A new report says that homicide rates increased substantially between 2016 and 2017 in municipalities in Colombia partaking in coca crop substitution programs, highlighting the fragility of the program in the context of intensified conflict among the country’s fragmented crime groups.

Homicide rates in municipalities where coca crop substitution programs were implemented increased by 33 percent between 2016 and 2017, according to a new report from Colombia’s Ideas for Peace Foundation (Fundación Ideas para la Paz – FIP).

There are an estimated 107,000 to 180,000 families involved in coca cultivation across 183 municipalities in Colombia. Throughout 2017, the report found that authorities initiated agreements with families in 36 municipalities as part of the national crop substitution program, which offers financial incentives to coca growers who substitute their crops for legal alternatives.

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The municipalities where substitution programs were initiated saw the largest increase in homicide rates between 2016 and 2017. The report found that homicide rates in these areas climbed from 41.1 per 100,000 inhabitants to 54.7 in 2017. Homicide rates in municipalities with coca crops but without the program also increased, from 35.5 per 100,000 inhabitants to 39.5 in 2017. Municipalities without coca crops, however, saw a decrease in homicide rates between 2016 and 2017.

(Graphics courtesy of FIP showing homicides reate in groups of municipalities)

The report noted that the majority of municipalities with high levels of violence were impacted by disputes between criminal groups. For example, the report links high levels of violence in the western coastal department of Chocó to fighting between the Urabeños and the National Liberation Army (Ejército de Liberación Nacional – ELN).

Additionally, the report found that the Colombian government’s slow progress on implementing various components of the crop substitution program is jeoporadizing the success of the effort as families that initially agreed to voluntarily eradicate illicit crops consider reverting back to replanting coca.

According to FIP, only 53 percent of families participating in the program had received financial subsidies as of December 2017, while the remaining 47 percent is still in the validation process. Authorities said that 100 percent of families would be reached in the first three months of 2018, according to the report.

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The new FIP report suggests that Colombia’s coca crop substitution program continues to face some of the same obstacles that the organization identified in a previous report.

Pressure from armed criminal organizations on coca growers and fighting between these groups continues to be a primary factor challenging coca crop substitution. Homicide rates in some of areas producing the most coca, such as Norte de Santander and Nariño, are well over 100 murders per 100,000 inhabitants. The report states that these are also the areas where coca crop substitution has advanced the least.*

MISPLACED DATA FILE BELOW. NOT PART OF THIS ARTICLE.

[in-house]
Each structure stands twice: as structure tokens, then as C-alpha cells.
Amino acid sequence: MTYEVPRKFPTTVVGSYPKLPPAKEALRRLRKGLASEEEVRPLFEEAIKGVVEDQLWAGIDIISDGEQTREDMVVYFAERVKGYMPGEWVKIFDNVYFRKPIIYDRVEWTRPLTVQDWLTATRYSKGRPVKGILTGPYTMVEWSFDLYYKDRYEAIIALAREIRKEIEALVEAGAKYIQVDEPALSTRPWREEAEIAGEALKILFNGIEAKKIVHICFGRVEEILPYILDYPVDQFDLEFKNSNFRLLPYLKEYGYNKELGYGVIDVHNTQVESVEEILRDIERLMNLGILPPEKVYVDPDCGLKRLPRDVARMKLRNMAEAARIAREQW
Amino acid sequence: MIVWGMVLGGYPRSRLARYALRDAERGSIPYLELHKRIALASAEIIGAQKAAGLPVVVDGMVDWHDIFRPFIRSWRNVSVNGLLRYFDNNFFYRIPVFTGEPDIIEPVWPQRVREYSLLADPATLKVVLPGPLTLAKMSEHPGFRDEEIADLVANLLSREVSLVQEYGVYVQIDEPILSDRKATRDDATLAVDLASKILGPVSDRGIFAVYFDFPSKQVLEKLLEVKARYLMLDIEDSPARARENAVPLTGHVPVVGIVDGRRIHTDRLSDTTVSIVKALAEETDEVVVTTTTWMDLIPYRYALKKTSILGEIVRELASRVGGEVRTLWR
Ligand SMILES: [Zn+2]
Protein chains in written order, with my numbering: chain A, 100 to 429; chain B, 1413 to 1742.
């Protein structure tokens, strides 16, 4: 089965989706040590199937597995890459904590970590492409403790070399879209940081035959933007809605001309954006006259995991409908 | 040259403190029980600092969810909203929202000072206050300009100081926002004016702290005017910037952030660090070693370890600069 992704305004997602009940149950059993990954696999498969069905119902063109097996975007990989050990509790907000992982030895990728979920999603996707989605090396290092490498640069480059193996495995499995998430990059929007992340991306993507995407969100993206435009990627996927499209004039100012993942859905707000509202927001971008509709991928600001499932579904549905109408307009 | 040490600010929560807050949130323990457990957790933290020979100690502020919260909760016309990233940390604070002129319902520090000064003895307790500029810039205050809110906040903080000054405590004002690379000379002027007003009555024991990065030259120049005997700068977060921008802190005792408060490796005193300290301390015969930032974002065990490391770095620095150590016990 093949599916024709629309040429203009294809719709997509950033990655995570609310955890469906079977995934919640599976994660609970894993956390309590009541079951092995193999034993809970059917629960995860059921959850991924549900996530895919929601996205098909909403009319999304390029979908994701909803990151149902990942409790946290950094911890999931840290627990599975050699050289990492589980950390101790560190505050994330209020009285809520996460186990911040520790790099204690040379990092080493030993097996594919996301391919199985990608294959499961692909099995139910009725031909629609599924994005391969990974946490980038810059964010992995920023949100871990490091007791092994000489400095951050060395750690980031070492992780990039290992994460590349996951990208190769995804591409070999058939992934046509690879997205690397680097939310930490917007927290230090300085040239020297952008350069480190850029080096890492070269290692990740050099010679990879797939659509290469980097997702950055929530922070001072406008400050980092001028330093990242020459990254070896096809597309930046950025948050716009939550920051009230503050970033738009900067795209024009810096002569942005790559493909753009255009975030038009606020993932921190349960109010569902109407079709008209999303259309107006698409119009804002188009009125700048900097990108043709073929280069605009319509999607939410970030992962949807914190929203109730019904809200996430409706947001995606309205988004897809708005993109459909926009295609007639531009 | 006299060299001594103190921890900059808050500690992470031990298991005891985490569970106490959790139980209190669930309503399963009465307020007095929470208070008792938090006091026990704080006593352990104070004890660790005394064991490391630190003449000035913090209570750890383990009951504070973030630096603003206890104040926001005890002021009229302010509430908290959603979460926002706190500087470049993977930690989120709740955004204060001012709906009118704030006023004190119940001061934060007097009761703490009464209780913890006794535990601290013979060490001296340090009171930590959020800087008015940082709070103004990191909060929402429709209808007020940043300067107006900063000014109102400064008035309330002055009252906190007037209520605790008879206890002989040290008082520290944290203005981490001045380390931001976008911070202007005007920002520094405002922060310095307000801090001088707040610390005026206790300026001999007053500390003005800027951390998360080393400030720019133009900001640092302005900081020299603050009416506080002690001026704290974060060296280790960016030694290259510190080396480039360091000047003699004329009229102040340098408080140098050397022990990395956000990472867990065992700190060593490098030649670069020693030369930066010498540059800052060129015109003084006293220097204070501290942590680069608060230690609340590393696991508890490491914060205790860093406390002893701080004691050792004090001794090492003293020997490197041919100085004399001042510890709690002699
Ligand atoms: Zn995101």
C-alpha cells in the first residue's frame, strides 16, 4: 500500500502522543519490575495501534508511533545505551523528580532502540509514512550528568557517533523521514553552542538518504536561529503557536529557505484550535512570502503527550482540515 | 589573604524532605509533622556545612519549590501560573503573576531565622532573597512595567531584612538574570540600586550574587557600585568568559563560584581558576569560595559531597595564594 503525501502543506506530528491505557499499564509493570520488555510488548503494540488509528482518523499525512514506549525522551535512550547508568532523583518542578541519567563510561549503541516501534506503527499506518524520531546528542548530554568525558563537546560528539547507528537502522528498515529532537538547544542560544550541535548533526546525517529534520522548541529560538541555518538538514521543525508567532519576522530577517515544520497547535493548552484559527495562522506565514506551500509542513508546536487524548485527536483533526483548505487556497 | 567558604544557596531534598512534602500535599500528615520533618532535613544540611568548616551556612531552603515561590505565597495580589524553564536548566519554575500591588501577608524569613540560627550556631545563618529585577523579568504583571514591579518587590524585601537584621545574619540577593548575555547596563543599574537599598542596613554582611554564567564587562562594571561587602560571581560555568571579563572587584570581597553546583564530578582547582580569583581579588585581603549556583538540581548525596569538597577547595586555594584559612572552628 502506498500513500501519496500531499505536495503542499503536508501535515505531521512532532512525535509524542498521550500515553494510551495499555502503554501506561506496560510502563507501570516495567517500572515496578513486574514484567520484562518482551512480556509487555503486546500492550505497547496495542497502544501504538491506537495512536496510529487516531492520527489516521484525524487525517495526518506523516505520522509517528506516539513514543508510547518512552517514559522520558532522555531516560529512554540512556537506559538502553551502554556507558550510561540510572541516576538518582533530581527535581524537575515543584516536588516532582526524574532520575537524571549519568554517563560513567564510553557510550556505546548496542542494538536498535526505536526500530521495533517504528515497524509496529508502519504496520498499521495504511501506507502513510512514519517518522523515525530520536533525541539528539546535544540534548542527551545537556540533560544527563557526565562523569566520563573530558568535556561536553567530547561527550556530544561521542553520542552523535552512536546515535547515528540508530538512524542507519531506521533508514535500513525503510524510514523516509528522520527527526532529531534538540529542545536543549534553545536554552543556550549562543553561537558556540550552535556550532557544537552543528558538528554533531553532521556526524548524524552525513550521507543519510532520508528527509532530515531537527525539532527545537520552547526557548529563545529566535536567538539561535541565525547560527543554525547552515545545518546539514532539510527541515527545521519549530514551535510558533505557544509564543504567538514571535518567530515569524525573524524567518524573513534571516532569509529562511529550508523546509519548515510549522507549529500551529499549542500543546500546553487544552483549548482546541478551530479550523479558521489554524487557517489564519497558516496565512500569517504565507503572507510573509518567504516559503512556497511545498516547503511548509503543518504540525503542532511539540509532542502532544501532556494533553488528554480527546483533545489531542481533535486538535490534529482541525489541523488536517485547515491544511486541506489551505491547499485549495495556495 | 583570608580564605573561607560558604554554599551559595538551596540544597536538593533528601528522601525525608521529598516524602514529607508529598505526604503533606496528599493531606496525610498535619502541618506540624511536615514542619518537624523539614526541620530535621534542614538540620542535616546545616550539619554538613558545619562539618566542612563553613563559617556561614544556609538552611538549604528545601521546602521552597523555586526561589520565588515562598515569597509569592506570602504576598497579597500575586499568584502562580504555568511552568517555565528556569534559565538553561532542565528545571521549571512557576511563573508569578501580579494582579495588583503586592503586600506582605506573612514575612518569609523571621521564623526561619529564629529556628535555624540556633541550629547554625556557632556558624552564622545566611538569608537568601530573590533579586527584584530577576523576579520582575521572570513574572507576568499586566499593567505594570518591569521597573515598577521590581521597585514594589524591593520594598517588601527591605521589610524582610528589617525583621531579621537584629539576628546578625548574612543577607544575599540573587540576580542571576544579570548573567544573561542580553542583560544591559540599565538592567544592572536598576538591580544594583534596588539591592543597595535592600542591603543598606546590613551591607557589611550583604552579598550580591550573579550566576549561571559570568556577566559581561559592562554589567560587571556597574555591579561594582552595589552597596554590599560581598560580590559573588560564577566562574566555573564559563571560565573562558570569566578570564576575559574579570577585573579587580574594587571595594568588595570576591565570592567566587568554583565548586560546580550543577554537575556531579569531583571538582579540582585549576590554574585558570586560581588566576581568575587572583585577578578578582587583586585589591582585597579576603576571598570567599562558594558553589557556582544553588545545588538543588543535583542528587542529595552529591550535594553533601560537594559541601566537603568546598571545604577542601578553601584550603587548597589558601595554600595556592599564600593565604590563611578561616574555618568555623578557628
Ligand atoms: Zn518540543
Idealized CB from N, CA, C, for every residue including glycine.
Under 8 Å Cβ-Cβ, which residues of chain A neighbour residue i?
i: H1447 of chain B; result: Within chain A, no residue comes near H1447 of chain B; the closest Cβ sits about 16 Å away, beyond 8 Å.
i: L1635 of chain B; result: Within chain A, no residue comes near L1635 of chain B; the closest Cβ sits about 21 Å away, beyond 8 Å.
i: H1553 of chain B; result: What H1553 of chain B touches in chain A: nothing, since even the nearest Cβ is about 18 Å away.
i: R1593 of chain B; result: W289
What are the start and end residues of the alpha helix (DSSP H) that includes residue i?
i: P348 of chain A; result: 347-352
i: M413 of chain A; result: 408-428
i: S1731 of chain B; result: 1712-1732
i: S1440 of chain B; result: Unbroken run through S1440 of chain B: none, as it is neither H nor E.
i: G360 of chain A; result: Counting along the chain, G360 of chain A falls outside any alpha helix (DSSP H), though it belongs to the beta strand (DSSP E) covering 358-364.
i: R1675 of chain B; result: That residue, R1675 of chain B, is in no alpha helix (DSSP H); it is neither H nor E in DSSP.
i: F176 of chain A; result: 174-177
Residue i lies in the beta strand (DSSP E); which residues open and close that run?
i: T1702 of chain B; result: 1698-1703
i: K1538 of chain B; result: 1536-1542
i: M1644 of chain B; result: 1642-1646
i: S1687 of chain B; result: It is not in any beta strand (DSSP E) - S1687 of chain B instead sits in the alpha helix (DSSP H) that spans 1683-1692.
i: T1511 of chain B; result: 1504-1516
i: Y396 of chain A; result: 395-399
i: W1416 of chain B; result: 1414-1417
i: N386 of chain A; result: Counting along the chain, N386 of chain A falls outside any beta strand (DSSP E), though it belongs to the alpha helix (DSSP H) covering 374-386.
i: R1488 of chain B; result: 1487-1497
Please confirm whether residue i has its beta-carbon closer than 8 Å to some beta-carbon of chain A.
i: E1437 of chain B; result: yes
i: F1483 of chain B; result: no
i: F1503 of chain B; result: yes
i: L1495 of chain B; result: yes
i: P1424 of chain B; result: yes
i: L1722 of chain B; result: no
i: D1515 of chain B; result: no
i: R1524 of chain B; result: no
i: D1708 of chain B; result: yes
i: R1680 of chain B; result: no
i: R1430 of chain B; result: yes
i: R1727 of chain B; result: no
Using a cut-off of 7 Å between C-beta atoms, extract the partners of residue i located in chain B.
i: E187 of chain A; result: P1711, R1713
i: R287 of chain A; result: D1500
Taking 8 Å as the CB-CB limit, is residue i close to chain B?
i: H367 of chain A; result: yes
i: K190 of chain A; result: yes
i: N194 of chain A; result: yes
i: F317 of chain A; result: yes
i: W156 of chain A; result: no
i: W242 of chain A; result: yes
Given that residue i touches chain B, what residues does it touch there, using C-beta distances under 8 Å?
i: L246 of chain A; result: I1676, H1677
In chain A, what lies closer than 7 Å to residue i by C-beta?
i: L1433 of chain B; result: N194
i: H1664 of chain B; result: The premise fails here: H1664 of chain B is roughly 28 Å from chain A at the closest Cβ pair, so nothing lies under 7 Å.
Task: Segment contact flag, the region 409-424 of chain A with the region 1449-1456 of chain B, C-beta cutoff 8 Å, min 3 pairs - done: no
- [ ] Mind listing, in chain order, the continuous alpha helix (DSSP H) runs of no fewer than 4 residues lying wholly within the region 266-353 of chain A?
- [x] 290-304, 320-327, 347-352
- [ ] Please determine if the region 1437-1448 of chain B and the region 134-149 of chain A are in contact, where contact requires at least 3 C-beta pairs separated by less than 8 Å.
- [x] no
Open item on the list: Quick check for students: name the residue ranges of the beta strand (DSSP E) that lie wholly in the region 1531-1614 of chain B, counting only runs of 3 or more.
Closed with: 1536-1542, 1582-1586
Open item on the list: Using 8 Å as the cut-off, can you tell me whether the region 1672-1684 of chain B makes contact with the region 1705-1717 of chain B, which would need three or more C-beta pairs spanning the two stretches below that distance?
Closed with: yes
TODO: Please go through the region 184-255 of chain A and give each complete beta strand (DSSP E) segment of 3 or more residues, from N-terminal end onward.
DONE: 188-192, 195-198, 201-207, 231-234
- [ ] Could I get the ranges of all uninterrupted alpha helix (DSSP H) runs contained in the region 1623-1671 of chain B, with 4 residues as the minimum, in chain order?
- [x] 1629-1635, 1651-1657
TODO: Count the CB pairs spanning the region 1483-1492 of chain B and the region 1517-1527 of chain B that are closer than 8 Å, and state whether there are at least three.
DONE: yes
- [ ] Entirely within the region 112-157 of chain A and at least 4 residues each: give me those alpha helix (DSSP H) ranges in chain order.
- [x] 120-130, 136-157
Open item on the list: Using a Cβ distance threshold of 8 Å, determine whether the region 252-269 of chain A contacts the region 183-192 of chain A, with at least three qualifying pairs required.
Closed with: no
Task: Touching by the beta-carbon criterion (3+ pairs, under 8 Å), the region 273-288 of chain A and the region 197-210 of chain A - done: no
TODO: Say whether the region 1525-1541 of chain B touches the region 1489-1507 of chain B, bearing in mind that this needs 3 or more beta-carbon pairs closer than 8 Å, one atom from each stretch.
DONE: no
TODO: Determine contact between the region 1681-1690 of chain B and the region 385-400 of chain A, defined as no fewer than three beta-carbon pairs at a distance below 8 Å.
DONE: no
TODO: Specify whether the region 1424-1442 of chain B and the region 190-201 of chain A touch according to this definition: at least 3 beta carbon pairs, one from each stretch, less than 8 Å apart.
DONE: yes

(Graphic courtesy of FIP showing homicide rates in specific municipalities.)

Indeed, ELN guerrillas carried out a spate of attacks recently in the key port city of Tumaco in Nariño and in Norte de Santander, among other places, in an effort to strengthen their presence in some of Colombia’s most criminally strategic areas. And dissidents from the now-demobilized Revolutionary Armed Forces of Colombia (Fuerzas Armadas Revolucionarias de Colombia – FARC) have also continued with attacks in key regions to try and solidify their role in the drug trade.

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The rising violence poses significant logistical and security problems for members of the United Nations Office on Drugs and Crime (UNODC) who are responsible for verifying that coca growers participating in the crop substitution program have in fact eradicated their crops. According to the report, this has generated tensions between UNODC members and coca growing families, ultimately undermining the success of the coca crop substitution program.

The new dynamics of Colombia’s criminal violence are not only threatening the government’s coca crop substitution program, they are also displacing thousands of people across the country. In the Bajo Caucá subregion of Antioquia, fighting between the Urabeños and the ELN recently forced more than 1,000 individuals to flee the area. According to a December 2017 report from the United Nations’ Office for the Coordination of Humanitarian Affairs (OCHA), mass displacements as a result of conflict between armed criminal groups increased by 53 percent between 2016 and 2017, while attacks on civilians by criminal groups increased by 27 percent.

*This article was updated from its original version to clarify the link between homicides and the advancement of the coca crop substitution program.

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